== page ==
My time working with women’s cooperatives in Rwanda through my internship with Hands of Mothers (HOM) is going by quite fast. Each cooperative has made significant progress since the beginning, although many challenges (including the issue of dependency addressed in my last post) remain. Here’s an update on each cooperative’s growth and improvement so far:
Ejo Hazaza: Recently, the HOM team helped Ejo Hazaza apply for a grant from the US embassy in Rwanda to start a project to grow and sell oyster mushrooms. In order to build their capacity, we involved them in the grant writing process by asking them questions from the grant form and using their responses to answer the questions. This is an exciting opportunity for Ejo Hazaza because they told us they are interested in switching from jewelry making to growing and selling mushrooms. The jewelry business has not been very profitable for Ejo Hazaza because they are having trouble finding consistent customers. While this is a great opportunity for Ejo Hazaza to start a different project and generate income, it is vitally important that this project is done in a sustainable manner. During our weekly cooperative meeting we stressed to Ejo Hazaza that if they receive the grant money they will be fully in charge of implementing the project. We told them that HOM is here for advice and support, but it is up to the women to take full ownership by organizing and managing the project, delegating tasks and responsibilities, finding customers, and selling the mushrooms on their own. I think this presents a timely opportunity for HOM to fundamentally change the way we interact with Ejo Hazaza in order to break the dependency HOM created and foster sustainability.
Twiyubake: Over the past couple of weeks, Twiyubake has been able to improve the quality of the sandals they make. They were able to accomplish this by implementing a series of trainings where cooperative members more skilled in sandal making helped other members improve their own skills. The HOM team also began to set up visits at high-end hotels in Kigali so Twiyubake cooperative members could meet with the hotels in order to gain permission to sell their sandals in the hotel gift shops. The HOM team set up the appointments for Twiyubake because they do not have access to email. However, the Twiyubake marketing team members are responsible for going to these client visits and presenting their products. Before going on the client visits, we did a series of trainings with Twiyubake in order to teach them about sales techniques, appropriate pricing, and how to market their products. In addition, we went with the Twiyubake marketing team on the first couple of client visits in order to build their confidence; however, going forward Twiyubake will be attending these meetings on their own. The next challenge Twiyubake is working to address is updating their cooperative rules and regulations. As it currently stands, there are no enforced rules surrounding cooperative attendance or achievement of tasks and responsibilities, culminating in a lack of accountability for cooperative members.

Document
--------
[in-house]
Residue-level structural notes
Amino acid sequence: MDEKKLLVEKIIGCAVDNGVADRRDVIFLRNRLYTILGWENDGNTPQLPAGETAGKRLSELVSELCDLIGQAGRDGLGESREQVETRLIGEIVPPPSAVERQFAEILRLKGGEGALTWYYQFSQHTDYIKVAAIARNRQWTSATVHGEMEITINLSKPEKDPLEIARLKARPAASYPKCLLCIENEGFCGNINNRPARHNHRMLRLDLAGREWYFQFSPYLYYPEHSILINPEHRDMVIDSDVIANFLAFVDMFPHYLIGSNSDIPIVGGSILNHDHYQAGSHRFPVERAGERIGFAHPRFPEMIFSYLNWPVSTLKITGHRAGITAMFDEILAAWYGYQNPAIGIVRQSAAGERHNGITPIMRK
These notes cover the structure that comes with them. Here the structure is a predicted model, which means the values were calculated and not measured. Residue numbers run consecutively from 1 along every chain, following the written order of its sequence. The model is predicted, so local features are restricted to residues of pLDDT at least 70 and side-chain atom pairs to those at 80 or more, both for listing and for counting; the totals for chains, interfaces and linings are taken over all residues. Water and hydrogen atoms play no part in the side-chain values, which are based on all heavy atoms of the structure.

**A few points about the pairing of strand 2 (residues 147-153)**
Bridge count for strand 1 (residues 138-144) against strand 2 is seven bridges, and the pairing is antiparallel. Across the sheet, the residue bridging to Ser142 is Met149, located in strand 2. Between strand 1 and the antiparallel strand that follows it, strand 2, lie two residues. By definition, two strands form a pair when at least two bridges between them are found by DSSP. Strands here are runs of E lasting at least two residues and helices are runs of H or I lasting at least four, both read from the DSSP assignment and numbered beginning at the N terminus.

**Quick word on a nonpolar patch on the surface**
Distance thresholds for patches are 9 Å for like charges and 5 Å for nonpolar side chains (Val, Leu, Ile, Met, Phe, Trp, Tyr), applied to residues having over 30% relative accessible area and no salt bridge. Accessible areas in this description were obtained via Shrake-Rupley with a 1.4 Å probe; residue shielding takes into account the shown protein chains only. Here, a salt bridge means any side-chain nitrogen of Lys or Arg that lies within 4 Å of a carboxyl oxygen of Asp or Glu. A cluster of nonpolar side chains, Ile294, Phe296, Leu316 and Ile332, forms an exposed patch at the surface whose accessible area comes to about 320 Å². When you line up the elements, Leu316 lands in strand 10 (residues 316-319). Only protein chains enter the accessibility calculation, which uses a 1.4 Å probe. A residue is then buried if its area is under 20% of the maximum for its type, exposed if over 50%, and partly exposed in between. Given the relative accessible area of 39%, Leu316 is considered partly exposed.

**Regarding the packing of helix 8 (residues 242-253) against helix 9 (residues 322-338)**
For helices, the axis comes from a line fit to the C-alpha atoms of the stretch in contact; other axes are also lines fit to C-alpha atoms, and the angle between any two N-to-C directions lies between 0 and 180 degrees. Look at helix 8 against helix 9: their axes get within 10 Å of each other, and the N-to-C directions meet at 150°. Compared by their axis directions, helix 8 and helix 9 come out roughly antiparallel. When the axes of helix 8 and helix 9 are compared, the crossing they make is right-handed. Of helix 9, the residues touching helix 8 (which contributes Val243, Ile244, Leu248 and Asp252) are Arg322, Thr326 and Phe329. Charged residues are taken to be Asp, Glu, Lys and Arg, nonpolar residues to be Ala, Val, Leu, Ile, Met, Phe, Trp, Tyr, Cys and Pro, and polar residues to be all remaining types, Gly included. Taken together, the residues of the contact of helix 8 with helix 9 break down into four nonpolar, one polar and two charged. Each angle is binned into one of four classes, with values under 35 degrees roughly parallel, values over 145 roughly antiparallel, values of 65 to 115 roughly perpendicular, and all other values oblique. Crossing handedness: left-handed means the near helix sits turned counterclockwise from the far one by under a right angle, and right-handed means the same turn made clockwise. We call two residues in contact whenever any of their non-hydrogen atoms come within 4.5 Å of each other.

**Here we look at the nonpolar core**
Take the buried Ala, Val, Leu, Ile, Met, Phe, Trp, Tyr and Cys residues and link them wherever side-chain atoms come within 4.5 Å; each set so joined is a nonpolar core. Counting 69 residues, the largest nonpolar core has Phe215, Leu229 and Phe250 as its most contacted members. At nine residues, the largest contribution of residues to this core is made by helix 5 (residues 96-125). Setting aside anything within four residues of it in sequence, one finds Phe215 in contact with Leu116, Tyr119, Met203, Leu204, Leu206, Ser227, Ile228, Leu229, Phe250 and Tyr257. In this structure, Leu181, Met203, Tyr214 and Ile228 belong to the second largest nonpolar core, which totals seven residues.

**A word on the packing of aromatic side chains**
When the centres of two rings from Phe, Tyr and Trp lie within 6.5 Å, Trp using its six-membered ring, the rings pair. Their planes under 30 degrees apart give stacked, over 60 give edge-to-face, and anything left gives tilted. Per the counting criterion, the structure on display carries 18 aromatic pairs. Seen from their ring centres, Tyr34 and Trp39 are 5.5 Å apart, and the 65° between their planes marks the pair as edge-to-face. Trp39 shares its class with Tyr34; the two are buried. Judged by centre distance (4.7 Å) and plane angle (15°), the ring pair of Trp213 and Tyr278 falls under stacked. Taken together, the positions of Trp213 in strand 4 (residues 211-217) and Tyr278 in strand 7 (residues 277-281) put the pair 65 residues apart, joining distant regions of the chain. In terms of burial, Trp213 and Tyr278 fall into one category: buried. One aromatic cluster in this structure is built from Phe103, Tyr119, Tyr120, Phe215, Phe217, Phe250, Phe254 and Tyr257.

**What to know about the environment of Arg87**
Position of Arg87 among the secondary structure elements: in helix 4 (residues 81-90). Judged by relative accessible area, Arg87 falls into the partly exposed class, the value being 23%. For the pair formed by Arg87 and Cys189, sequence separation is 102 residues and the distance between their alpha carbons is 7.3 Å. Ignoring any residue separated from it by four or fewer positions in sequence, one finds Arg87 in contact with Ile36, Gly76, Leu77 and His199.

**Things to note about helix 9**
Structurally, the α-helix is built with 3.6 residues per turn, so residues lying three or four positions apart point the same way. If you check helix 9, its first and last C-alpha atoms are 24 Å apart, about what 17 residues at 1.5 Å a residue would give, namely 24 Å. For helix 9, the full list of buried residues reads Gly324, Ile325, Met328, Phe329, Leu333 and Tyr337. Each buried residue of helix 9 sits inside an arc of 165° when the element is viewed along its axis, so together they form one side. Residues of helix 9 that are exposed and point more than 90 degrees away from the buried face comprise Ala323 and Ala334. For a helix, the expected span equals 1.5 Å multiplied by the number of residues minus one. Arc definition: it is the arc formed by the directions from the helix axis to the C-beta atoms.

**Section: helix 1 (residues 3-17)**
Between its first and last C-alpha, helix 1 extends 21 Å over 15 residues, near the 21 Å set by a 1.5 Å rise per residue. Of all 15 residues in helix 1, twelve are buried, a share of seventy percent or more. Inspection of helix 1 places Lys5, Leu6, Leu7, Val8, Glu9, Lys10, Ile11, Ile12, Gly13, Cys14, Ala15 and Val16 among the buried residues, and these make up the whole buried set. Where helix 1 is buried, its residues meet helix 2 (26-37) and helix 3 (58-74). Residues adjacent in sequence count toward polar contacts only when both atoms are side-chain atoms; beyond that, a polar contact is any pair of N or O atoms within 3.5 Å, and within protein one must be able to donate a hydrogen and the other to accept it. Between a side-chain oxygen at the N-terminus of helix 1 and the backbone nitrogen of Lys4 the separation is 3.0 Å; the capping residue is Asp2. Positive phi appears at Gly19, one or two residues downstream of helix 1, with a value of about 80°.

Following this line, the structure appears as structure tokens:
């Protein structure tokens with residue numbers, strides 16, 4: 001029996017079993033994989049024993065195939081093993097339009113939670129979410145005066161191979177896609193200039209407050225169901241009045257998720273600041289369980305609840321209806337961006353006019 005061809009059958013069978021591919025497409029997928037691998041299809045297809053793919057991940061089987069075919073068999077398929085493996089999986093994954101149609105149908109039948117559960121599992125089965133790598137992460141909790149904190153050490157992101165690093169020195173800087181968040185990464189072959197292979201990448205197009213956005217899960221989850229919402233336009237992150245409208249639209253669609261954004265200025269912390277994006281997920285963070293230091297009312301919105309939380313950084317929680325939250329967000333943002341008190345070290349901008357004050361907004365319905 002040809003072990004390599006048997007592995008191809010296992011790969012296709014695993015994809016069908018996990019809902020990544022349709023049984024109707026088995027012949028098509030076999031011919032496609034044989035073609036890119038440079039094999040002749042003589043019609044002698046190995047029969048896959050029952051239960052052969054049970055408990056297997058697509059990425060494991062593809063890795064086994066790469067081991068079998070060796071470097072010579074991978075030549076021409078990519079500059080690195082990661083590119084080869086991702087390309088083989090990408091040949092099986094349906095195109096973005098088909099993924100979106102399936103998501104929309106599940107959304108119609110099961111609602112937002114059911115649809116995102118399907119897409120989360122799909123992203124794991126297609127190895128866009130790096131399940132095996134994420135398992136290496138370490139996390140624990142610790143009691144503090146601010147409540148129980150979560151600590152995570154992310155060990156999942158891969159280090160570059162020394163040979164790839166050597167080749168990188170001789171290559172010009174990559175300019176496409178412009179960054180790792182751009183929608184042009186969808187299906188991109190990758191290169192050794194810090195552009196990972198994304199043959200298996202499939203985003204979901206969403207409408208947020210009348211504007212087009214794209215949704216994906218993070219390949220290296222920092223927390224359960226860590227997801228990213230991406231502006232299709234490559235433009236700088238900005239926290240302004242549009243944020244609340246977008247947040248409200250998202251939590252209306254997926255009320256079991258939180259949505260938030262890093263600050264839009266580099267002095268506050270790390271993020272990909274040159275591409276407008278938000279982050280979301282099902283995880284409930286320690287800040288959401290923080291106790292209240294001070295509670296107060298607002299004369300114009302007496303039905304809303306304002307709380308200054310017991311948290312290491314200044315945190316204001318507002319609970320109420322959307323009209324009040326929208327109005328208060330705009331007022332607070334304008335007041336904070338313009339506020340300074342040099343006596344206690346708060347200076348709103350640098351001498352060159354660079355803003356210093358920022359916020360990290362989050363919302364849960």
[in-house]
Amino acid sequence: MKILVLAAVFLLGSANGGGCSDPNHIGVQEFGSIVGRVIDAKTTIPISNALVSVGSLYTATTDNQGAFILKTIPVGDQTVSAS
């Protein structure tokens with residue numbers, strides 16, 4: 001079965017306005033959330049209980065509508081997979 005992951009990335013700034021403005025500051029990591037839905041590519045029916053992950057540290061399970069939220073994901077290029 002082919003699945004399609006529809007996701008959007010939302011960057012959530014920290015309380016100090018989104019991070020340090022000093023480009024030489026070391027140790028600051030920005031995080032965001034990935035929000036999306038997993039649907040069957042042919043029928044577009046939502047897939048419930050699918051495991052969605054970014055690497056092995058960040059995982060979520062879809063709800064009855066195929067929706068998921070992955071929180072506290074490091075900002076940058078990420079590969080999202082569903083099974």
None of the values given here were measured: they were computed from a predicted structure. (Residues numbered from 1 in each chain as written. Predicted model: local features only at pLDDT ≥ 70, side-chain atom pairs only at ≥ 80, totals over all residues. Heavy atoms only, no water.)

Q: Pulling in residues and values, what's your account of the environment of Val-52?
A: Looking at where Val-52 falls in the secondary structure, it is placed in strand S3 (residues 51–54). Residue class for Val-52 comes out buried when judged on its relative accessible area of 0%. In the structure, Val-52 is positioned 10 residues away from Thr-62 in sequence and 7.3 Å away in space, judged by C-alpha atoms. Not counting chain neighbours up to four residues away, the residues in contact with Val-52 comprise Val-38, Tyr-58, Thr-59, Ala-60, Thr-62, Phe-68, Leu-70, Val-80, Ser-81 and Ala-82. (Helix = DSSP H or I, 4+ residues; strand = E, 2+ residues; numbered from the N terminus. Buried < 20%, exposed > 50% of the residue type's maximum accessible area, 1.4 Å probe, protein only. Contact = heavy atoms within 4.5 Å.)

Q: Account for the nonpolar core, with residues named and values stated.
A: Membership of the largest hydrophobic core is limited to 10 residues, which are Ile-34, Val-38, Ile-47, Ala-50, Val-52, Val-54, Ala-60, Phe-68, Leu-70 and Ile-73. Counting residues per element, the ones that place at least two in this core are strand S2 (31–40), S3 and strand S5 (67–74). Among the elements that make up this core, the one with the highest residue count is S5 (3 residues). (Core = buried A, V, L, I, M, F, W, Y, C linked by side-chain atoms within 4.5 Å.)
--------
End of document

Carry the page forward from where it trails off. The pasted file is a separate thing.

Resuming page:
Baho: The HOM team has been working with Baho to help them make a profit on their egg sales. Through a cost assessment we determined that Baho was selling their eggs for too little – only 100 francs. In order to cover their costs and make a profit, Baho needs to sell their eggs for 150 francs. We talked with Baho about appropriate pricing and worked with them on how to take more responsibility for cooperative tasks. Baho only began selling eggs in April, and unfortunately HOM had previously been doing tasks for the cooperative such as buying chicken feed and medicine, leading to issues of dependency (similar to the problem we had with Ejo Hazaza). In order to change this relationship, we trained Baho in how to do these tasks on their own and explained that our role is to support the cooperative, not do tasks for them. Since then, the women have been buying supplies and managing the cooperative on their own. The next challenge they face is finding a sustainable market to sell their eggs at a price of 150 francs. So far this has been challenging because the Rwandese customers they already have are used to a price of 100 francs and do not seem willing to pay more. However, we believe we can work to connect them with new clients who are expats that can afford to pay a higher price for the eggs. Baho also told us they are interested in purchasing 50 more chickens in order to increase their egg sales and generate a larger profit.